It’s pretty good!
January 3, 2014 | by Dan Piepenbring
We know: it’s hard to leave home. Your showerhead gets great water pressure; the guy at your bodega saves you the last copy of the Post; the coffee people remember your name. Why skip town? Indeed, we’re so irredeemably tethered to Manhattan that we haven’t bothered to have a foreign office in forty years. And we’re The Paris Review.
But it’s a new year, time to cast off our parochialism and see the world. Riches may lie in store. Legend tells, for instance, of a land called San Francisco, where paupers pan for gold, used bookstores line the streets, and the buses run on electricity. What is the state of letters in this paradise? Which fashions are in vogue among its citizenry? How’s the ceviche? We can’t say. But we know who can: McSweeney’s, a San Francisco institution since 1998.
This January only, you can get a dual subscription to The Paris Review and McSweeney’s for just $75—20 percent less than two individual subscriptions. In other words, you’ll have the comforts of home and a year of bicoastal exploration for less than it would cost us to get from Penn Station to Philadelphia, if that were something we were inclined to do.
Get transcontinental with McSweeney’s and the Review.
December 3, 2013 | by Anna Della Subin
Like his friend, fellow Scorpio, and confidant Albert Camus, Albert Cossery would also have celebrated his one hundredth birthday last month. The patron saint of indolence—who wrote only when he had nothing better to do—died in 2008. But one can imagine that Cossery, had he made it to his centenary, would have been exactly like Cossery at any age. The elegant Egyptian novelist, impeccably dressed, forever held fast to his routine. For nearly sixty years, until his death, he lived in an austere room in the Hotel La Louisiane in St. Germain des Prés. Each day he slept late, venturing out only in the afternoons, to bask in the sun and watch the girls of the Luxembourg Gardens, or to have a plate of lentils and fizzy water at the Café de Flore and linger for hours, doing nothing. Even when, toward the end of his life, he was hospitalized for an operation, Cossery—still wearing the ward’s pajamas—escaped the hospital for the café, pushed in a wheelchair by a beautiful blonde.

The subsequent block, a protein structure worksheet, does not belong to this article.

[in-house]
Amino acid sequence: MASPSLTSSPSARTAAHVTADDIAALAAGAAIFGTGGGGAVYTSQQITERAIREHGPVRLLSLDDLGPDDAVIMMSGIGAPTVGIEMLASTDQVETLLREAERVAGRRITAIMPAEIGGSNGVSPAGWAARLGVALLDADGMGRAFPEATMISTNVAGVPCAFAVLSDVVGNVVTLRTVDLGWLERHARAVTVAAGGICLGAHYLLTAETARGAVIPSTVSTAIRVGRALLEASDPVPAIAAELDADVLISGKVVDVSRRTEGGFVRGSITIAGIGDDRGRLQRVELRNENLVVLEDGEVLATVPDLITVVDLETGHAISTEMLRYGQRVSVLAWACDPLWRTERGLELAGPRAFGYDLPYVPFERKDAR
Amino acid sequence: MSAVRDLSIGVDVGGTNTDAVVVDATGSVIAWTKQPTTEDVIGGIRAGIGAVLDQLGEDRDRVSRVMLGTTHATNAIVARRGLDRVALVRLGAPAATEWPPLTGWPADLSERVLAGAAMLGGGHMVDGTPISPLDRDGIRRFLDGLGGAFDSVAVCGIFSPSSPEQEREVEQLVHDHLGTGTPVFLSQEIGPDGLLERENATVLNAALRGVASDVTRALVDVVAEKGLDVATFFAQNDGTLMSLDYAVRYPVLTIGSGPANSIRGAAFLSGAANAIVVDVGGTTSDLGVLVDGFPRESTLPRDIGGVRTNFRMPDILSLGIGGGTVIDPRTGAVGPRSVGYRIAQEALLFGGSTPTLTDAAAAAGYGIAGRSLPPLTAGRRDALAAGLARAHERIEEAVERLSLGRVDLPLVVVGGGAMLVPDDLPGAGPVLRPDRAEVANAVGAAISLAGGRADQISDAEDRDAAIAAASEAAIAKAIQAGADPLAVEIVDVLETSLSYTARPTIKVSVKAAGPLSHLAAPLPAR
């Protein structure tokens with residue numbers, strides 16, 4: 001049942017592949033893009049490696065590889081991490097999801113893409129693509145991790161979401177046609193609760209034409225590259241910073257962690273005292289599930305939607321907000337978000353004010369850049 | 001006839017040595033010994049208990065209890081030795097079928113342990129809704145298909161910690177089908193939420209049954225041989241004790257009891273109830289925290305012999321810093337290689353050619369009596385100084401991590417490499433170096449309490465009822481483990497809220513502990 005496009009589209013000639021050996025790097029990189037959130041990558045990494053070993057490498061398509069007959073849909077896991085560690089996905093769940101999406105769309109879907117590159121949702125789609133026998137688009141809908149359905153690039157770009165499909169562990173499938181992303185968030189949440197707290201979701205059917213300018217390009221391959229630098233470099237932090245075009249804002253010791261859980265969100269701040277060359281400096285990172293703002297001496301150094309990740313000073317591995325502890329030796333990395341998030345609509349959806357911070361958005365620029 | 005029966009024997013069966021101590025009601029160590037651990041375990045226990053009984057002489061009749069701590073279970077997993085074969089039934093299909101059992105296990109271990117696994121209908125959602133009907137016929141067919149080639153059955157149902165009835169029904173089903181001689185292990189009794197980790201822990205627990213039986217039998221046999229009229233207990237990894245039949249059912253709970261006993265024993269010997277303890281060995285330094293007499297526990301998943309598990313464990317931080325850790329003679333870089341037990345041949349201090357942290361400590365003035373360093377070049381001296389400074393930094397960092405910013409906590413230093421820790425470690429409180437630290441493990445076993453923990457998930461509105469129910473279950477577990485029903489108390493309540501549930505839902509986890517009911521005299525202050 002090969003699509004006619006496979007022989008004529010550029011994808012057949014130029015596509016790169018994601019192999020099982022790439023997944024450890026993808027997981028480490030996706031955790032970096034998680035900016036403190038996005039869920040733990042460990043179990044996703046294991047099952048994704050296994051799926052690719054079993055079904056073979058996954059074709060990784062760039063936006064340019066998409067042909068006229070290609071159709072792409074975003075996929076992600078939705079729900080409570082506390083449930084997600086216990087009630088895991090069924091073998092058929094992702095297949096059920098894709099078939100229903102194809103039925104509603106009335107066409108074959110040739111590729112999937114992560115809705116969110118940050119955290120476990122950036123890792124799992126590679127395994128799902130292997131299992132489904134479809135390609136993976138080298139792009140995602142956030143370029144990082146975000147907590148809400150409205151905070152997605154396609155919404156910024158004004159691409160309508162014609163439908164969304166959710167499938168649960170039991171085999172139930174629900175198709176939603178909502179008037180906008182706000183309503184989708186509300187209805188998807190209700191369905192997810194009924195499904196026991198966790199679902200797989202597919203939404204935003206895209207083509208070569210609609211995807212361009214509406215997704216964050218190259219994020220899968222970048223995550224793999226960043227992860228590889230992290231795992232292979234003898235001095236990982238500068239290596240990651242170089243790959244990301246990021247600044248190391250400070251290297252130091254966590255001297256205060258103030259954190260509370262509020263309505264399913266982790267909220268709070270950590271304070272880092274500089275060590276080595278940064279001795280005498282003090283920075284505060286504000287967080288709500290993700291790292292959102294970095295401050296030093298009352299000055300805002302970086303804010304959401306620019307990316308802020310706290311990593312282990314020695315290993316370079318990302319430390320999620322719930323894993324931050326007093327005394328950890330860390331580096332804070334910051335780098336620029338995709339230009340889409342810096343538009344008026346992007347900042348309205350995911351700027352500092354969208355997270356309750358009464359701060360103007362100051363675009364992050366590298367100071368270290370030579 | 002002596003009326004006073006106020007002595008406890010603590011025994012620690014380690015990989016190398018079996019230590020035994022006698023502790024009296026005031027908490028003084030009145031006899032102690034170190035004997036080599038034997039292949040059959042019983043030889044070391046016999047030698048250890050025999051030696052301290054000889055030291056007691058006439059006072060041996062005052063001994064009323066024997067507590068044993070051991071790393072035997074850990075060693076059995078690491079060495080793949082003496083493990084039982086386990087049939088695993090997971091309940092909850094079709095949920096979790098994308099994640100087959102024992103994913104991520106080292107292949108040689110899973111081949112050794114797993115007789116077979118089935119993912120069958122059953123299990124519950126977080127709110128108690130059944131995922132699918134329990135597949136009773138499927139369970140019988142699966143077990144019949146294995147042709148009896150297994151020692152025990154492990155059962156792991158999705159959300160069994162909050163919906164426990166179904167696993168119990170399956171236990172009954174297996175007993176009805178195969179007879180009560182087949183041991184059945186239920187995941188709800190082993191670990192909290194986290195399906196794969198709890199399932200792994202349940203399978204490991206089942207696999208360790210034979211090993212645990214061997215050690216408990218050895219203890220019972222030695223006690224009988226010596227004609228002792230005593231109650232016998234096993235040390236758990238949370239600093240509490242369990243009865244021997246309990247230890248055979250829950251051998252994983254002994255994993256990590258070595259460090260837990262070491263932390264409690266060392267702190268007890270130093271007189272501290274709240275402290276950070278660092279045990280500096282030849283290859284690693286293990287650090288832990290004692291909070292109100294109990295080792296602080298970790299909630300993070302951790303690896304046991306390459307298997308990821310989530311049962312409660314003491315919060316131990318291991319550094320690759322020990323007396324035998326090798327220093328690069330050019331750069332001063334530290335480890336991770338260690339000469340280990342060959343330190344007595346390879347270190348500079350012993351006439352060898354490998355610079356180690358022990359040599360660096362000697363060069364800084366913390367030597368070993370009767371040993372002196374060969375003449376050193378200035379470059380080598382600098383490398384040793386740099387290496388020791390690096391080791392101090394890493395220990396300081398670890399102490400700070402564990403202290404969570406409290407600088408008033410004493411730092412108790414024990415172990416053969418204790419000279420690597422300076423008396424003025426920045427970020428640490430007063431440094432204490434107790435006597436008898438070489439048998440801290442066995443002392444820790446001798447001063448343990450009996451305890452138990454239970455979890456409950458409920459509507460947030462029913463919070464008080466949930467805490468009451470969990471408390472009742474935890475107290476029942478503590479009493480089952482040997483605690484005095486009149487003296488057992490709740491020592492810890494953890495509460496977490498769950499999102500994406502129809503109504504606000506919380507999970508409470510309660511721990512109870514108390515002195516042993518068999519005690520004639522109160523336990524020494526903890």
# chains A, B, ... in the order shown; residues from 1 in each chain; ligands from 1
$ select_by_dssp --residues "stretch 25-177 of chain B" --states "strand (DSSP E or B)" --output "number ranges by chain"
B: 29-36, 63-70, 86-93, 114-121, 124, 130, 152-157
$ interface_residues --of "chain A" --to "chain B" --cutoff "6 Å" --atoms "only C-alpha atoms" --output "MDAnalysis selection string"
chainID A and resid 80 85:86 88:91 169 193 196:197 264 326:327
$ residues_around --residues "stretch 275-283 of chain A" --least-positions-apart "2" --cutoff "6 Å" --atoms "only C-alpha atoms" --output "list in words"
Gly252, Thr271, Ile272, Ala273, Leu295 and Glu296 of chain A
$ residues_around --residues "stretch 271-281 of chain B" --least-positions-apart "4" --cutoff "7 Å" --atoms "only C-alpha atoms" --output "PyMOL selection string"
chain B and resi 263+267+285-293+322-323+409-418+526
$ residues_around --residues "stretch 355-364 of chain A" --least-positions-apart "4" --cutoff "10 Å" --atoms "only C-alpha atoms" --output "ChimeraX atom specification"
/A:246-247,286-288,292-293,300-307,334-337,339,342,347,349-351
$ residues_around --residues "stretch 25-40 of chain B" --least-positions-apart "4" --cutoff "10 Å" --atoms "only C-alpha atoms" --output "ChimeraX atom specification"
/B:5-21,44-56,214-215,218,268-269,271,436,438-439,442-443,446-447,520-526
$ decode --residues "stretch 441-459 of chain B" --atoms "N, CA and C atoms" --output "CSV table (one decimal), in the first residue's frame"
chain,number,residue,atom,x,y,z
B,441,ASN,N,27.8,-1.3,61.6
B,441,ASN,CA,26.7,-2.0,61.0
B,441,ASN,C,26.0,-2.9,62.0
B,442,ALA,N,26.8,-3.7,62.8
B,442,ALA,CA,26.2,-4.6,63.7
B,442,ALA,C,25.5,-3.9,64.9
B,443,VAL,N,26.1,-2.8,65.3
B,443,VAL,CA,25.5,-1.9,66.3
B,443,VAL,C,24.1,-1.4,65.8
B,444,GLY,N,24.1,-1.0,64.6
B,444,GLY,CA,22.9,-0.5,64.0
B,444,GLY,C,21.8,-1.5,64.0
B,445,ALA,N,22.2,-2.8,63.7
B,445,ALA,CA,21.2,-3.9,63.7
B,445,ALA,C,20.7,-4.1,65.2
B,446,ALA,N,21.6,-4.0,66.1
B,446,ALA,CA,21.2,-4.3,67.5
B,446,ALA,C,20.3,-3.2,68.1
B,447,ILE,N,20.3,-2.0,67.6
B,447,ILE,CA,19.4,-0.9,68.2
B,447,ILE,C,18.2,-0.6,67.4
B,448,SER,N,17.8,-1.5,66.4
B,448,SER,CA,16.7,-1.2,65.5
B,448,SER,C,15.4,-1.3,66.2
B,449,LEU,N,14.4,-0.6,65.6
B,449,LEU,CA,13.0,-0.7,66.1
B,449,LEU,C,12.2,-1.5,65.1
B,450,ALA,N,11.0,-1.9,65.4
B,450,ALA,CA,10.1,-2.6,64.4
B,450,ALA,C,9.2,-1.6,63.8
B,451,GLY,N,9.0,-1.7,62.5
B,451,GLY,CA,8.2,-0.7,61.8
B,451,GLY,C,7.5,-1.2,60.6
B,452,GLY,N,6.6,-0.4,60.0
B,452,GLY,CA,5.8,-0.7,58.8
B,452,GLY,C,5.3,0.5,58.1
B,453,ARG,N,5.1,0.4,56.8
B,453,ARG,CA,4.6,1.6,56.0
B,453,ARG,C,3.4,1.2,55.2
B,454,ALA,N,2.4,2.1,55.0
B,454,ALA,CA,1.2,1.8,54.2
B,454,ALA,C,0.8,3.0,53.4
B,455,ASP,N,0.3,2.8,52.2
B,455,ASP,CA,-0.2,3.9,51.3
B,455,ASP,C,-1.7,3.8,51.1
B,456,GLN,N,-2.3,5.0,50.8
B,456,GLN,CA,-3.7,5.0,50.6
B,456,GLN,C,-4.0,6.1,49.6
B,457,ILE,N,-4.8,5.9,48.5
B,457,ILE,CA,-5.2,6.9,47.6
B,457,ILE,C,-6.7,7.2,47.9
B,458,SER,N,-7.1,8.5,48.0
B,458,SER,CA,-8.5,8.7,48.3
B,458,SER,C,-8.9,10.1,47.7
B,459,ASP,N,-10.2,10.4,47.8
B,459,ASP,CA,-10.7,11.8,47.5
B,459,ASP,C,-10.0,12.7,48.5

“Here comes Tutanhkamun,” the waiters whispered behind his back. Just so, Cossery’s writings, forever returning to the same scenes and casts—of mendicants and saltimbanques, failed revolutionaries and hashish-addled philosophers—preserved a certain consistency over the decades. The young Albert, who attended French schools as a child in Cairo, began his first novel at age ten. At seventeen, he published a book of poems, titled Les Morsures, “The Teeth Marks” or “Bites.” By all accounts the book has been lost, and Cossery himself up until his death coyly refused to aid any devoted readers in search of a copy. Yet three poems were preserved in the monumental anthology Poètes en Egypte, edited in Cairo in 1955 by Jean Moscatelli. The anthology, which brought together over fifty-five Franco-Egyptian writers, captured the collective achievements of a literary community in the twilight of its end. It included Cossery’s friends Georges Henein and Edmond Jabès, as well as Joyce Mansour and Horus Schenouda—all of whom were soon to leave, or had already left, for exile in Paris in the wake of Nasser’s coup. Read More »